“I want you to set aside the notion of the Christian religion, because it’s a contradiction in terms. You won’t learn anything positive about religion from Christianity, and if you look for Christianity in religion, you’ll never find it. To be sure, Christianity uses the forms of religion, and, to be dismally honest, too many of its adherents act as if it were a religion; but it isn’t one, and that’s that. The church is not in the religion business; it is in the Gospel-proclaiming business. And the gospel is the good news that all man’s fuss and feathers over his relationship with God is unnecessary because God, in the mystery of the Word who is Jesus, has gone and fixed it up Himself. So let that pass.” – Between Noon and Three, p. 167

“Jesus came to raise the dead. The only qualification for the gift of the Gospel is to be dead. You don’t have to be smart. You don’t have to be good. You don’t have to be wise. You don’t have to be wonderful. You just have to be dead. That’s it.”

“The world is a fun place. It’s also a grim place. Partly because we made it that way and partly because God made it that way. The reason there are earthquakes is not because of sin. It’s because God put a ball of hot slop in the middle of frigid space. It cools down, and when it cools enough, the crust begins to crack. If you happen to live on one of the cracks, you’ve got problems. There’s a lot of tough stuff in the world and it’s simply there by God’s design. As for example, death is there by God’s design. It’s not just a punishment for sin. It’s the way the creation works. The world is an ecology of life and death, of good and evil, and God made it that way. What we decided at the tree of the knowledge of good and evil, though, was that we wanted to run the ecology a different way. We wanted to run it so we could make the good better and get rid of the evil altogether. But look what we’ve done with that as a result. We’ve made death a problem to be solved. Death is not a problem to be solved. It’s a mystery to be entered and embraced. For everyone. Not just for Christians. For ducks and geese and mice and men.”

“The purpose of orthodoxy is not to tell you the whole truth, but to deliver intact to every succeeding generation the official boy scout set of images with which to pursue the truth. Theology, therefore, is a hunt for the Mystery – and the theologian is primarily a sportsman: Even though he knows that as long as he lives he will never get even one clean shot at the Beast, he is happy enough keeping his guns oiled, and tramping through the woods. Why shouldn’t he be? At the end, the Beast has promised to fall right at his feet.” – Hunting the Divine Fox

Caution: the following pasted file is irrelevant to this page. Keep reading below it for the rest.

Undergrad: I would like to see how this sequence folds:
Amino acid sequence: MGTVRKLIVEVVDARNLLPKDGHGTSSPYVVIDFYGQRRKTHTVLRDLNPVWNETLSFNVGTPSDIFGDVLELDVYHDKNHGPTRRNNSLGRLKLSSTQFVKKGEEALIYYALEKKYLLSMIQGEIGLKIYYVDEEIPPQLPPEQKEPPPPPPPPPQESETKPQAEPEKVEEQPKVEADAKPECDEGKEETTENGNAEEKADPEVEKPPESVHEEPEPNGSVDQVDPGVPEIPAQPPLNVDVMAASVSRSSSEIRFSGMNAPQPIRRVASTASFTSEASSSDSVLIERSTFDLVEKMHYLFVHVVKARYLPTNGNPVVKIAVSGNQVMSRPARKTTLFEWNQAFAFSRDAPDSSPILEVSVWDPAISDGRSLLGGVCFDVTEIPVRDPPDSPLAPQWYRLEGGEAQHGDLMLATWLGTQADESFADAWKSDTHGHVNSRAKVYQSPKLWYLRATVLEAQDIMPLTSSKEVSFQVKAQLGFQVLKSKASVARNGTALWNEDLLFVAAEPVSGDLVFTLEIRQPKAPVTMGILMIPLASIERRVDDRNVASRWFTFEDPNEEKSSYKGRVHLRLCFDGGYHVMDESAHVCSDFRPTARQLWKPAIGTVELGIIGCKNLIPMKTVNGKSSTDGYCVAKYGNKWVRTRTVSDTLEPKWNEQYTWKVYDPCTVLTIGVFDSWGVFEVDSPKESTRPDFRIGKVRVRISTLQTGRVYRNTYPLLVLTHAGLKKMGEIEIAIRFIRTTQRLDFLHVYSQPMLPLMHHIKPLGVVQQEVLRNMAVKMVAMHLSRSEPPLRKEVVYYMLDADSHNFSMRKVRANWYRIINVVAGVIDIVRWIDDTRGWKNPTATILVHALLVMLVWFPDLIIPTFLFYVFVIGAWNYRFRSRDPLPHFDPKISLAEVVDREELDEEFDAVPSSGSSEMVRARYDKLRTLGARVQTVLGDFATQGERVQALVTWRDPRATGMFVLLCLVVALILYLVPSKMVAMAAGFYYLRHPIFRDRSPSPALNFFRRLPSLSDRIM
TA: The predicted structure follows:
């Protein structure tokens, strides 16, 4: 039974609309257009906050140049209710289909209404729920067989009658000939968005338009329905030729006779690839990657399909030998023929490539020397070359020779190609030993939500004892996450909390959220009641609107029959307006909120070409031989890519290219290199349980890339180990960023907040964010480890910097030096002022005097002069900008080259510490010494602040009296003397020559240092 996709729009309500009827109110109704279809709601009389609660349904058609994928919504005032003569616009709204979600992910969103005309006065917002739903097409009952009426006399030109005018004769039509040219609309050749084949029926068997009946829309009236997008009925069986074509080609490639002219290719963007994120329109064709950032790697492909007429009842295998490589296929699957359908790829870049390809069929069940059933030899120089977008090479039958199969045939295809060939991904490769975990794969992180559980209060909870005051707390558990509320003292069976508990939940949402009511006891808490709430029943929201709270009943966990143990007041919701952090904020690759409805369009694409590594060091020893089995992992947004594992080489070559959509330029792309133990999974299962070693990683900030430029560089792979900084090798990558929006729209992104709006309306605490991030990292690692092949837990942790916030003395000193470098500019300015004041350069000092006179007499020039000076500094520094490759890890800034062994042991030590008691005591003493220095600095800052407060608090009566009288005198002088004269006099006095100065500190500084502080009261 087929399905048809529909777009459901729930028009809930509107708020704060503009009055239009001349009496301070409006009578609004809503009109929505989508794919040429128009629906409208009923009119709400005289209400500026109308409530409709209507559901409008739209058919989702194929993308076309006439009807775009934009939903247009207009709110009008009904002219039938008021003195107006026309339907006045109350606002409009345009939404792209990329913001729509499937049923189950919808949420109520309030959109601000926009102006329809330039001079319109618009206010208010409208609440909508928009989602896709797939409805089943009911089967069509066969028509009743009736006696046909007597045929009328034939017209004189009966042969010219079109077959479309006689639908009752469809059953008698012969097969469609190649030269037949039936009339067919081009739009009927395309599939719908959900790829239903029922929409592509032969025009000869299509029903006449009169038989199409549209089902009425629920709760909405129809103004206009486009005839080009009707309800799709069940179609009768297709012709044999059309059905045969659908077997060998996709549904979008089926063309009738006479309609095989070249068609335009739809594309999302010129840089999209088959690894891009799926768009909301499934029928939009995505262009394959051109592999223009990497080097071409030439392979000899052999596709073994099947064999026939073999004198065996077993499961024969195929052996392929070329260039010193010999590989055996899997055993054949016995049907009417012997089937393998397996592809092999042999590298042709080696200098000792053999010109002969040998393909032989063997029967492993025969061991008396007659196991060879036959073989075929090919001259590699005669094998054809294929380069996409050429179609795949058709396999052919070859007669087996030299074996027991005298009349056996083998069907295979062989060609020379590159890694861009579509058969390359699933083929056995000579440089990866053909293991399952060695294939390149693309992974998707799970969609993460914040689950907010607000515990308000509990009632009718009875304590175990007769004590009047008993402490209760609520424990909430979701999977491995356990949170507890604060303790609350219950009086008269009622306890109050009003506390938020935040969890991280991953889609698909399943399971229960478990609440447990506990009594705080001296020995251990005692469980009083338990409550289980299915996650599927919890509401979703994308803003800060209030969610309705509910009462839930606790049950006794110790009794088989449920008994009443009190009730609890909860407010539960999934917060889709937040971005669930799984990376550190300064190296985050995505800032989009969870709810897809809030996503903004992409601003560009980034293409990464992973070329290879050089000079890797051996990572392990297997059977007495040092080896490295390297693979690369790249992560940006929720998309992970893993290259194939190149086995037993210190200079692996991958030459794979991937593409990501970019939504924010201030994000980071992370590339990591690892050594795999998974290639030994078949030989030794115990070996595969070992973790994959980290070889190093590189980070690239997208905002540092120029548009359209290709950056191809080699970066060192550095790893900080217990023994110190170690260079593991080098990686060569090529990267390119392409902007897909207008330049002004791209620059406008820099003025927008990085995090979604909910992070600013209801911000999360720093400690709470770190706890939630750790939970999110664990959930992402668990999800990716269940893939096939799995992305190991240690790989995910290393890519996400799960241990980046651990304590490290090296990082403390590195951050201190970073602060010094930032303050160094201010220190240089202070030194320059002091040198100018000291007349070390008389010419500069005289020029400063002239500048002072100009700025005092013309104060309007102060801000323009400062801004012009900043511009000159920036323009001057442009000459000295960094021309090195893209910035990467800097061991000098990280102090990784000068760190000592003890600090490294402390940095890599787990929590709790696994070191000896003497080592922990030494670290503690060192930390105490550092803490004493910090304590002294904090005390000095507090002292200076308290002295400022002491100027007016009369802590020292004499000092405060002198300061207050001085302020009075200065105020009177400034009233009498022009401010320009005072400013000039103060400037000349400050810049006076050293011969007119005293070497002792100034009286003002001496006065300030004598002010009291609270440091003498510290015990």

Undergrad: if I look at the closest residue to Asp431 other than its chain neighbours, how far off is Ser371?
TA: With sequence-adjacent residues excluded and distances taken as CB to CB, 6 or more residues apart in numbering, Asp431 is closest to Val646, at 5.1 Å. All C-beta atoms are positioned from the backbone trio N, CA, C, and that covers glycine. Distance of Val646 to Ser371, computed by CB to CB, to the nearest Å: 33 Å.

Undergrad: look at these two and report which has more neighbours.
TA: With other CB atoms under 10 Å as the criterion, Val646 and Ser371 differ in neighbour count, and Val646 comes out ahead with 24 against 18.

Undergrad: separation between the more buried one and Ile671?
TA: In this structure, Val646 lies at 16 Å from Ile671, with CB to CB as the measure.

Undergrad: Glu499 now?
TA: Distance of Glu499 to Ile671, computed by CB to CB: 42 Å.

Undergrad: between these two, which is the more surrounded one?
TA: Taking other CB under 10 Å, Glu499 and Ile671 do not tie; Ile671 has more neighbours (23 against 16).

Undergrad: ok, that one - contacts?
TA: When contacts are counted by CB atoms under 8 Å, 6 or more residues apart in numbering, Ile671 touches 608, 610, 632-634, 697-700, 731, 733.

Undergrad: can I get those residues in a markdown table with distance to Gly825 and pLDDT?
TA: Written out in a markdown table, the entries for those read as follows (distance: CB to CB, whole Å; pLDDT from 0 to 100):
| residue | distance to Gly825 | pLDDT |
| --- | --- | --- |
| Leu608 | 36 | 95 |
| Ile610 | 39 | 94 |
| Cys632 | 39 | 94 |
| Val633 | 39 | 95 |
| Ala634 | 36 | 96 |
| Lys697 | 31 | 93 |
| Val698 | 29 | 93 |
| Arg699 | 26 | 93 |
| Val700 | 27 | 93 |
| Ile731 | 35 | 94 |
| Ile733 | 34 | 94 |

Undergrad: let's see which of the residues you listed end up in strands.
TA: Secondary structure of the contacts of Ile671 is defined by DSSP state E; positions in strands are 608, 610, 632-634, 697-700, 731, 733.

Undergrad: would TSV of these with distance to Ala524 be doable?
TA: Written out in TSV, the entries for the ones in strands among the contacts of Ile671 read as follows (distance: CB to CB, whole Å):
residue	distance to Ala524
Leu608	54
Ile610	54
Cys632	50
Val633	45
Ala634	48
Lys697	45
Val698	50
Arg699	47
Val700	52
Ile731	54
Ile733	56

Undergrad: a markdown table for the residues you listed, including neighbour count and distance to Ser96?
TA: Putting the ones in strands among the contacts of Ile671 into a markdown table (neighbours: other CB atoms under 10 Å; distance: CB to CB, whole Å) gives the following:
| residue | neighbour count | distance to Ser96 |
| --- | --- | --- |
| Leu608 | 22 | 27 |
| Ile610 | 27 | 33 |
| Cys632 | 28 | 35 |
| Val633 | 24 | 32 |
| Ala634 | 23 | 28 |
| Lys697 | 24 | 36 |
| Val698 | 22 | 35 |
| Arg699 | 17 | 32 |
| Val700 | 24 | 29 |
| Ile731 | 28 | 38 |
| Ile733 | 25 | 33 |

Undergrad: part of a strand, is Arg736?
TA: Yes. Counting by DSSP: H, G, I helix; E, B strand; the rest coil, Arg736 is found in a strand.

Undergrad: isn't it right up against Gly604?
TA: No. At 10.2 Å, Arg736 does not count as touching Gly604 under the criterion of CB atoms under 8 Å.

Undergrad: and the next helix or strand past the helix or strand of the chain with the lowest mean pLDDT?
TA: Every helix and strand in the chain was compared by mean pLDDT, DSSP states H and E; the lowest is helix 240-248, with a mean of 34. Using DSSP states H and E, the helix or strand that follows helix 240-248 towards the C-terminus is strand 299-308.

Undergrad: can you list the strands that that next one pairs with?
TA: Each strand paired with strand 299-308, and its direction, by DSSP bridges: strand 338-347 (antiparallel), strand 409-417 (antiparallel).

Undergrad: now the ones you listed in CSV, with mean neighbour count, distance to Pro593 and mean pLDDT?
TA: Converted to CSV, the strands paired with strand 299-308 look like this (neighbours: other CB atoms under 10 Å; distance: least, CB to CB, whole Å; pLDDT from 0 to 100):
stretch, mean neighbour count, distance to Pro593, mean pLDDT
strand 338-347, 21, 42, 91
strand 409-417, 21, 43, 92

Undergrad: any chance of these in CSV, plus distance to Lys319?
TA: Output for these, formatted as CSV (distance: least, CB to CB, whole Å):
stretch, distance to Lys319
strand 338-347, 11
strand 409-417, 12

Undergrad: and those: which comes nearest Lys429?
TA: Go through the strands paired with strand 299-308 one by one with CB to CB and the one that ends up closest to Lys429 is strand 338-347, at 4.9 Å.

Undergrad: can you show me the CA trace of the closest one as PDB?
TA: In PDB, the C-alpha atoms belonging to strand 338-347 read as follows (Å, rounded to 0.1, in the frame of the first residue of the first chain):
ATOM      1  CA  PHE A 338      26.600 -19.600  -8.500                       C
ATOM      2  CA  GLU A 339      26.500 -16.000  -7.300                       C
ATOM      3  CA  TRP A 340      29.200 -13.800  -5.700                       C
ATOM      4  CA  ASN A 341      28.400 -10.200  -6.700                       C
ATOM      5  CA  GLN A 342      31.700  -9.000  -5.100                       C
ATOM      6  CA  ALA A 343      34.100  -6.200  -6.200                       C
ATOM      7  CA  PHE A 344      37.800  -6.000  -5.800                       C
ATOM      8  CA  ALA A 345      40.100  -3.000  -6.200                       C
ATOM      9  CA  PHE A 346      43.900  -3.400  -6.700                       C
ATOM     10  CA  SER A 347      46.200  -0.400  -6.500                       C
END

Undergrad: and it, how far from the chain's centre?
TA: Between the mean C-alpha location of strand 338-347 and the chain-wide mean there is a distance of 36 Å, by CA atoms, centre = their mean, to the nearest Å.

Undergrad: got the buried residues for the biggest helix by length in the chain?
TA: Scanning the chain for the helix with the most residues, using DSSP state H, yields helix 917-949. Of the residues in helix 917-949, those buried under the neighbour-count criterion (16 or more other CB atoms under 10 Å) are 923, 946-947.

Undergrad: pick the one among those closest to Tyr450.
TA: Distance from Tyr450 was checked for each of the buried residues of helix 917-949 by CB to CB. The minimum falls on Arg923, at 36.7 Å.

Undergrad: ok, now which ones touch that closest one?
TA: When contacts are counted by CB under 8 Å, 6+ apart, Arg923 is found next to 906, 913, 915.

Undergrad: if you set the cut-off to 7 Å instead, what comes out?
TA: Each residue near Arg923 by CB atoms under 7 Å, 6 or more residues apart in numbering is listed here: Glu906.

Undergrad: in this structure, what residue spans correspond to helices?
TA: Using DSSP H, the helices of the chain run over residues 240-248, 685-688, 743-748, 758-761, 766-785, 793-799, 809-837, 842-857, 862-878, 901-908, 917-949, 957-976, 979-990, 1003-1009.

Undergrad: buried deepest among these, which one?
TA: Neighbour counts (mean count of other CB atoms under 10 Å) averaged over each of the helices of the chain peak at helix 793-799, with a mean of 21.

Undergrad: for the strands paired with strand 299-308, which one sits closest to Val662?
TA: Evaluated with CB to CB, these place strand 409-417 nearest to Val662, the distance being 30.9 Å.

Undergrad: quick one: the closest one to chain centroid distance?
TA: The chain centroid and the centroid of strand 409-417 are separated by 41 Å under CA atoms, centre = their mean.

“I think good preachers should be like bad kids. They ought to be naughty enough to tiptoe up on dozing congregations, steal their bottles of religion pills, spirituality pills, and morality pills, and flush them all down the drain. The church, by and large, has drugged itself into thinking that proper human behavior is the key to its relationship with God. What preachers need to do is force it to go cold turkey with nothing by the word of the cross – and then be brave enough to stick around while it goes through the inevitable withdrawal symptoms. But preachers can’t be naughty or brave unless they’re free of their own need for the dope of acceptance. And they won’t be free of their need until they can trust the God who has already accepted them, in advance and dead as doornails, in Jesus.” – The Foolishness of Preaching: Proclaiming the Gospel Against the Wisdom of the World

“…saying that God would predestine some people to hell — after Jesus went out of his way to say he came to save them all — isn’t Gospel. It’s just moralism in theological drag.” – The Mystery of Christ…& Why We Don’t Get It

“…there are two very different ways you can come at the Incarnation. One is to turn it into a transaction that was poked into the history of the world at a specific time and place (namely, in the Person and work of Jesus); the other is to model it as a feature of the constitution of the universe — a Mystery present in creation from beginning to end, but which was finally and fully manifest to us in Jesus.” – The Mystery of Christ…& Why We Don’t Get It

“The church is not in the world to teach sinners to straighten up and fly right. That’s the world’s business; and on the whole it does a fairly competent – even a gleefully aggressive – job of it. The church is supposed to be in the forgiveness business. Its job in filling pulpits is to find derelict nobodies who are willing to admit that they’re sinners and mean it.” – The Foolishness of Preaching: Proclaiming the Gospel Against the Wisdom of the World